Kering issues profit warning for full year 2013
Third largest luxury group, French based pany Kering warned Wednesday that 2013 profit “will be down very significantly compared with 2012,” hit by exceptional charges from its sporting brand Puma and the continuing disposal of French catalog business La Redoute.
The move to unload La Redoute is one of the final steps in the company’s long-term shift, toward reshaping its businesses around luxury brands, including Gucci, Stella McCartney and Saint Laurent Paris, and its sports and lifestyle business, which includes Puma and Volcom, while shedding its low-growth retail branches.
Yet the strategy has hit hurdles and the new focus on sporting goods has led to losses at a time when Kering already is facing slowing growth in its luxury business. Kering—previously known as PPR SA—took control of Puma for €5.3 billion ($7.1 billion) in 2007.
Last week, the German sportswear maker cut its earnings outlook for 2013, citing impairment charges. The main brand of Kering’s sports and lifestyle division has been struggling with a challenging business climate, especially in Europe and Asia, for some time and in May lowered its annual operating profit guidance.
Meanwhile, the disposal of La Redoute is also set to be a costly transaction for Kering, which is facing political pressure in its decision to hand over the business. La Redoute, which employs around 2,500 in the north of France, has drawn attention from public officials, as the company’s employees fear massive jobs cuts by any future owner.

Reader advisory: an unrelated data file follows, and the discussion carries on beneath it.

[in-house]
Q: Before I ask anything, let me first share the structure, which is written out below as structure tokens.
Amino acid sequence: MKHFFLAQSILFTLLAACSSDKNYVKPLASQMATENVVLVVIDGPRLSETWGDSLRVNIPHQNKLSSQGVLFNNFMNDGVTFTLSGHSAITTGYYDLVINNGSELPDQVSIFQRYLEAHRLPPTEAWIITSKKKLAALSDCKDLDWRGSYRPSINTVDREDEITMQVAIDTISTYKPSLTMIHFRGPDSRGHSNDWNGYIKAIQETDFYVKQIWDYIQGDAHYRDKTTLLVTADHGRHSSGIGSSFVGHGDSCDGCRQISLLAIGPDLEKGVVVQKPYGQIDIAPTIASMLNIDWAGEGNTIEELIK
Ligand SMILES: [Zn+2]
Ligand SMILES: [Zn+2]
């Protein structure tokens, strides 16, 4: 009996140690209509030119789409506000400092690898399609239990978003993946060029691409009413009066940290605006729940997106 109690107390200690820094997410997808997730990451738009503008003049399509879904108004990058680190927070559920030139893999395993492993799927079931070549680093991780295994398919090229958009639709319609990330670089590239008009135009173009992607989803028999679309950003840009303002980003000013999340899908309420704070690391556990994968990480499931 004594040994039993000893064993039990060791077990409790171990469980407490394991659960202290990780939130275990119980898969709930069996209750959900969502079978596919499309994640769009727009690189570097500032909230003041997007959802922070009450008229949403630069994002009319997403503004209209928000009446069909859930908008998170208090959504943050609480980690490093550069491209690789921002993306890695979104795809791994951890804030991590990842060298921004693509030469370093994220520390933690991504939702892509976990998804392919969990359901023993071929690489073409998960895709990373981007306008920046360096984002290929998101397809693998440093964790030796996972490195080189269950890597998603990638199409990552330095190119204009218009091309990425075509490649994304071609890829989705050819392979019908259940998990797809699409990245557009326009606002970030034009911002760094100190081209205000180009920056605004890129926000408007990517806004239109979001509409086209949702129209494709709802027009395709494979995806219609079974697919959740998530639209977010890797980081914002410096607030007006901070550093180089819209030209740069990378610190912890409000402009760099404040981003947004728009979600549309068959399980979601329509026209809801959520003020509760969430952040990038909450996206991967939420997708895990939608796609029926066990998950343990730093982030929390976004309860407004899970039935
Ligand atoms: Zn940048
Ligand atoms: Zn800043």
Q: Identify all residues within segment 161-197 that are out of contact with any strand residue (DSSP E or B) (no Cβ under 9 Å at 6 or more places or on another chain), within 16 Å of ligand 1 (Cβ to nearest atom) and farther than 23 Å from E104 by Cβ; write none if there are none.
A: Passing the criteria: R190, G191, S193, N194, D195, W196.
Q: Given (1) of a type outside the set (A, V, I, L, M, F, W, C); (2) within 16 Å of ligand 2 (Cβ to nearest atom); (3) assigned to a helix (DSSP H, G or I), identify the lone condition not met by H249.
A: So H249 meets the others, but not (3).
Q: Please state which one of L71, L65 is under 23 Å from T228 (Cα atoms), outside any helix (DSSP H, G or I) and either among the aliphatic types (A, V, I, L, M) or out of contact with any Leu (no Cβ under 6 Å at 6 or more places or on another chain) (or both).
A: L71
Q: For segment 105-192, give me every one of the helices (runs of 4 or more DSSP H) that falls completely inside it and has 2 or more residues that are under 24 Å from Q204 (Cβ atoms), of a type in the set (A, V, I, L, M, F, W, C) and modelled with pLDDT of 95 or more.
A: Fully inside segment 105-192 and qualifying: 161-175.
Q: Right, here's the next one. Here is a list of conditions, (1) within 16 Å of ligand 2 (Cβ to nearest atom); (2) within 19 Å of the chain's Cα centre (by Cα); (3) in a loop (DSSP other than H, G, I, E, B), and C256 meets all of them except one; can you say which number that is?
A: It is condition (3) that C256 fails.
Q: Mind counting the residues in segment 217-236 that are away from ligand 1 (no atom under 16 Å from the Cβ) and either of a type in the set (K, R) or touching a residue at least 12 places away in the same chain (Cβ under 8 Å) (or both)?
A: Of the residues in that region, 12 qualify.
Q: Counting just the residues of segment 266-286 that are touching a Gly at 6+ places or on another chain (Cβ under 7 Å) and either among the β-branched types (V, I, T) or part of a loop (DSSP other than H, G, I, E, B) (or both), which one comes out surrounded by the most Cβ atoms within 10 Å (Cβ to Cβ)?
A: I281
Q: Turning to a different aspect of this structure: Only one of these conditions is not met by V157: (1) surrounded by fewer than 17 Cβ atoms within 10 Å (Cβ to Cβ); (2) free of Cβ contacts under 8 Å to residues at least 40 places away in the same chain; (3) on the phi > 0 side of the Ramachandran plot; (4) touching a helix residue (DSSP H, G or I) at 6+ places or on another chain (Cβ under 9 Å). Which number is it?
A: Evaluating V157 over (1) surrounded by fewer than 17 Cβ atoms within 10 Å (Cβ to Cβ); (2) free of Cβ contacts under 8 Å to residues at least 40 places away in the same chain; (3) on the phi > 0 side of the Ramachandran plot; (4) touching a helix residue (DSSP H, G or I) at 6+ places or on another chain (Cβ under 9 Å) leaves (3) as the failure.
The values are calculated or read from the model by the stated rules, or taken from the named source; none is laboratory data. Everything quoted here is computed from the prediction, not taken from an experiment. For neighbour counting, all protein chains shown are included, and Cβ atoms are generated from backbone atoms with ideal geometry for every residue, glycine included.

On Tuesday, Kering Chief Executive François-Henri Pinault met with Martine Aubry, the mayor of Lille and a high-profile member of the ruling Socialist party, in a bid to calm growing concerns regarding the mail-order business at a time of high unemployment in France. Kering said Wednesday it has received offers for La Redoute and will announce its decision soon. The company added that it plans to select “the best option” to ensure La Redoute’s future, “in the interests of the company, its employees and the region where it is based.”
But the choice is set to have a “significant impact” on the earnings from its discontinued operations, which is expected to report a “strongly negative” result at the end of the year.